There were clear signs that before training other people, clinicians in drug treatment services themselves require training. Their pre-training knowledge of risk factors, signs and actions to be taken in respect of opioid overdose was reasonable, but many gave wrong answers to important questions, such as failing to recognise 'pinned pupils' as a sign of an opioid overdose. Many believed some 'overdose myths' – such as that stimulants reverse an opioid overdose – which could dangerously waste time during an incident. In these respects, before training they were no or only a little more knowledgeable than the drug users they went on to train. Training largely remedied these deficiencies for both clinicians and drug users, though some clinicians continued to be unsure of appropriate responses, indicating a continued training need.

Before training fewer than half of the clinicians – all of whom worked in environments where opioid overdoses can and do occur – were not confident of their ability to administer a naloxone injection. Training effectively enhanced clinicians' confidence in undertaking this emergency procedure.

Findings logo commentary Just how slowly the 219 clinicians extended the training to their drug user patients can be appreciated by calculating that on average each trained one every 11 months. Among the reasons given, the second most common (excluding research requirements) was that stable clients or those being prescribed opiate substitutes felt they did not need the training. A report from the same study followed up a subsample of 70 drug user trainees (nearly all from Birmingham) for six months after the training. The 46 recontacted at this time had witnessed 16 overdoses since the training and generally responded appropriately, but none were known to have administered naloxone. For many this was because they were reluctant to carry the pre-loaded syringe around with them, partly due to fear of being identified as a drug user, and partly because some had completed treatment intended to divorce them from drug use and by extension, drug using associates, including those who might overdose.

Such findings highlight an inherent contradiction between treatment which the patient hopes and expects to divorce them from drug use and drug using circles, and being provided with training and medication of direct use only if they stay sufficiently involved in such circles to witness an overdose. A study of the training of the carers of opiate users conducted by the English National Treatment Agency for Substance Misuse found analogous concerns among families as well as drug users, who wanted detoxification and a spell in prison to signal to the drug user and to others that their relative was starting a new drug-free life. Training might also expose the trainee as a drug user to their families and prison authorities. In the end the 16 pilot sites recruited 495 carers for the training over eight months, on average 31 carers per site and just under four per month. Concern that getting involved in overdose prevention would mark them out as a drug user was also found among homeless drug users in England interviewed about using naloxone.

Another issue exposed by the NTA study is that when opiate users are highly vulnerable to overdose – when they have stopped using in a protected environment which they are leaving – is also the time when they and their families may be least receptive to anti-overdose training. Families and carers of active users who are aware they are using, and active users themselves, especially those out of treatment, will be less subject to these concerns, but harder to reach and possibly harder to train than those more stable and/or in treatment.

Recruitment problems are, it seems, not insurmountable, and services found ways of accommodating to similar apparent contradictions when many years ago it became important to counsel drug users leaving treatment about the risks of HIV transmission due to sharing of injecting equipment – a warning predicated on the recognition that even treatment 'successes' often relapse. However, surmounting such difficulties might require a reprioritisation of the anti-overdose part of the harm reduction agenda. Even among the clinicians who agreed to be trained for the featured study and the services which agreed to release them for the training, the lack of priority given to overdose prevention is revealed by the primary barrier of insufficient time to train drug users. In essence this means overdose prevention in the form trialled by the study was considered well down the list of priorities with a call on the clinicians' time.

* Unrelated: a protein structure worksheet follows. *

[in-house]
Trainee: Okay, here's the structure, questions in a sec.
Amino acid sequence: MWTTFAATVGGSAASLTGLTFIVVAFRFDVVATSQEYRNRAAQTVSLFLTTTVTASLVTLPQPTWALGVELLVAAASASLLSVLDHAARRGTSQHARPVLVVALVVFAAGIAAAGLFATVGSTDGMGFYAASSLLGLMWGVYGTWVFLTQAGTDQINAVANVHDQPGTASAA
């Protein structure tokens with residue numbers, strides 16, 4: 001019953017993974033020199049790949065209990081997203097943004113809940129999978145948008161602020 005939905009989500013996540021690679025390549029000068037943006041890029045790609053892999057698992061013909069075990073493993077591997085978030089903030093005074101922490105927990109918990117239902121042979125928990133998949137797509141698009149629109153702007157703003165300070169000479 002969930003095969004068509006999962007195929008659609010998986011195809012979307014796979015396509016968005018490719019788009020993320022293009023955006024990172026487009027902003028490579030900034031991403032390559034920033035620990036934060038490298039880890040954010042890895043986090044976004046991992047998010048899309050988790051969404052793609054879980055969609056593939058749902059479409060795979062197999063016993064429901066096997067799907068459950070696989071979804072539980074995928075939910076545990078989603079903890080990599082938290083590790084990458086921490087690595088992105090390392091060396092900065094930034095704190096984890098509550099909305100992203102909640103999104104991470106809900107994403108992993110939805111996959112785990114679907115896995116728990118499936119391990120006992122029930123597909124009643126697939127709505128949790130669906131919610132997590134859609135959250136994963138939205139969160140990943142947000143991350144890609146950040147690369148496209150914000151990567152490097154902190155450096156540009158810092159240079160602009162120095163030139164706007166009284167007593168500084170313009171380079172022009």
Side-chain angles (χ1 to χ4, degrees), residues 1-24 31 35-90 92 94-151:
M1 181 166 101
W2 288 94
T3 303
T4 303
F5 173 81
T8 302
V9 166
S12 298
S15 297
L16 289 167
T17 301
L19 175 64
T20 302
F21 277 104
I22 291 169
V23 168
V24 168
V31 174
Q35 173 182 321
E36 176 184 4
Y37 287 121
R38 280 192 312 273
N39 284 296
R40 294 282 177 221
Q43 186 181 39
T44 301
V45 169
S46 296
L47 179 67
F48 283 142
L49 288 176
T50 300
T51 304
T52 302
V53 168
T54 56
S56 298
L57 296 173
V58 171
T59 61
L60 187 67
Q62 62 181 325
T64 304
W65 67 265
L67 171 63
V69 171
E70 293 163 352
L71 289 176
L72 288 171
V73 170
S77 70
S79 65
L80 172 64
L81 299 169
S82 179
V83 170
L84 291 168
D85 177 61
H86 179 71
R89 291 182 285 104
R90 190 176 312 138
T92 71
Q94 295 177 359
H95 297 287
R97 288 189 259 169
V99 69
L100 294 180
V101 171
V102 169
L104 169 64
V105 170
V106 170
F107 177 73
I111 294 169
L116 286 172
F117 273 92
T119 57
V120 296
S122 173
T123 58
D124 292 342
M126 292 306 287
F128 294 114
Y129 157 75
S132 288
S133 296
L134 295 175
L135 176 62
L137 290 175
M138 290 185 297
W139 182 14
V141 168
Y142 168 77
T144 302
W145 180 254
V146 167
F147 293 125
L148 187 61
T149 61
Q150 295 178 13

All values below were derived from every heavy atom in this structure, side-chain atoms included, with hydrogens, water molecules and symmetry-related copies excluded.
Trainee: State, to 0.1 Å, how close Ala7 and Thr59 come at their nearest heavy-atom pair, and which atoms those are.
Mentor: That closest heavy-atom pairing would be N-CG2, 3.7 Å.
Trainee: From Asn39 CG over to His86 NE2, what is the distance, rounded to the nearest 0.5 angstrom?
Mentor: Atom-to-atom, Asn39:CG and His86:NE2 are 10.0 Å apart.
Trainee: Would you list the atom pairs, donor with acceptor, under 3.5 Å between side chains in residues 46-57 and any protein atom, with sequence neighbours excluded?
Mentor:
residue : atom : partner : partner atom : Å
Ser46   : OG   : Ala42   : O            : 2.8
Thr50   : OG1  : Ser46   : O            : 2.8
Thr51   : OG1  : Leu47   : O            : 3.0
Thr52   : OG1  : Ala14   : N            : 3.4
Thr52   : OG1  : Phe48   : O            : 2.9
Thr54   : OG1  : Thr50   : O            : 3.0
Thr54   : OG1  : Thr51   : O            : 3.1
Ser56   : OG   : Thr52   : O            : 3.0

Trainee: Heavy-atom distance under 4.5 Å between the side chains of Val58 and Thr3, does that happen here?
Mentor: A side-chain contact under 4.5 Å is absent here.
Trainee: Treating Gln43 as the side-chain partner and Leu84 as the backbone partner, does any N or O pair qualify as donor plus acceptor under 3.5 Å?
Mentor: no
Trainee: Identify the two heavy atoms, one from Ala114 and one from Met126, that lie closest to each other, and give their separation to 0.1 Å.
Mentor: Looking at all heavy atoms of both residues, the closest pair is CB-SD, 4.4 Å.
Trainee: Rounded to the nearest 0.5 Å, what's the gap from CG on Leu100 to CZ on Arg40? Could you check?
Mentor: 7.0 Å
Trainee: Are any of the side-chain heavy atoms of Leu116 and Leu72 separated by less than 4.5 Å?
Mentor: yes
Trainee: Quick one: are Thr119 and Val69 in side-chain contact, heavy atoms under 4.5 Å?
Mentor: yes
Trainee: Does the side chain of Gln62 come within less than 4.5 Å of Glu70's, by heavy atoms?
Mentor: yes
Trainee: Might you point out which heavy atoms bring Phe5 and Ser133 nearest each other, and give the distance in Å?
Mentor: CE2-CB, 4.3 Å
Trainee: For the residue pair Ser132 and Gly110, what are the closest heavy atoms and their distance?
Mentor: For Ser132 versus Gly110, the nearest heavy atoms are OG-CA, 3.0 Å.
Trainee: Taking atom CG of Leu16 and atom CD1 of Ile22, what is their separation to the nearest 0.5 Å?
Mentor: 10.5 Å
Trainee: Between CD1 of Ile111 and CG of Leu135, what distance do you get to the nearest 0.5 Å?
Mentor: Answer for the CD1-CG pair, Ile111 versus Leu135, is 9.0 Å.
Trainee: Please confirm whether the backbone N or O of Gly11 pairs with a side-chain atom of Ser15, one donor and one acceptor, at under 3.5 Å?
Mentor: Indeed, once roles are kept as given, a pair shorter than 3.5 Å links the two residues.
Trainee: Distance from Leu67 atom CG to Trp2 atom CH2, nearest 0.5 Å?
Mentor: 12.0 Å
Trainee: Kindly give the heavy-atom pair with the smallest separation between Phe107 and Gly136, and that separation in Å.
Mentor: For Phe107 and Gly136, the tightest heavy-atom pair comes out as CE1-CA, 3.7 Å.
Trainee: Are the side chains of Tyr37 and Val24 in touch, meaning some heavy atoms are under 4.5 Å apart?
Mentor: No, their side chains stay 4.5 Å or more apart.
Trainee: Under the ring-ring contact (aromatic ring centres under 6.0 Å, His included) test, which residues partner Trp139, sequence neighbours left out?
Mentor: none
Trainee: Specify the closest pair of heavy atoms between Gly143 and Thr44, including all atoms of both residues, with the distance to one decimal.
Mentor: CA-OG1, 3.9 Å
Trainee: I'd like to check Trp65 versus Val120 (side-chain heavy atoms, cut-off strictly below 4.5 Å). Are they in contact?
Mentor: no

For these and other reasons, while naloxone certainly can contribute substantially to reducing deaths, it is not the whole solution. Other limitations include the fact that fatal overdoses in particular tend to happen when the person is alone and/or out on the street. One concern is that naloxone might displace rather than supplement routine resuscitation techniques which remain important in the period before naloxone takes effect. Studies suggest too that despite training, having naloxone available might offer a further excuse for drug users who witness an overdose to avoid contact with the authorities by calling for an ambulance. There is also the prospect that people revived by naloxone might be unhappy about having an expensive heroin high reversed and/or withdrawal precipitated, deterring its use. Though such concerns cannot be dismissed, most can be addressed in volunteer recruitment and training programmes, and they do not threaten the potential for such programmes to on balance save very many lives. For more detailed commentary see the Findings analysis of the main report of the featured study.

Further guidance is available in the appendices to a study of the training of the carers of opiate users conducted by the English National Treatment Agency for Substance Misuse. In 2008 staff from one of the English NHS trusts which piloted naloxone training for families and carers produced a UK-focused practical guide to naloxone prescribing, training and use. The Scottish Drugs Forum runs a web site offering resources, advice, guidance, information and news on naloxone programmes and administration. This international web site offers advice and practical assistance on starting a take-home naloxone programme. Guidance on overdose prevention in general with an emphasis on the role of naloxone has been produced by the Eurasian Harm Reduction Network. In the USA the Chicago Recovery Alliance has produced a freely available training video. The manufacturers of the naloxone preparation Prenoxad licensed for emergency use in the home or other non-medical setting by appropriate individuals for reversing opioid overdose offer advice on its use. For more Findings analyses on naloxone in overdose prevention run this search, and for more on overdose prevention in general and developments in the UK see this 'hot topic' entry.

Last revised 17 January 2014. First uploaded 14 February 2012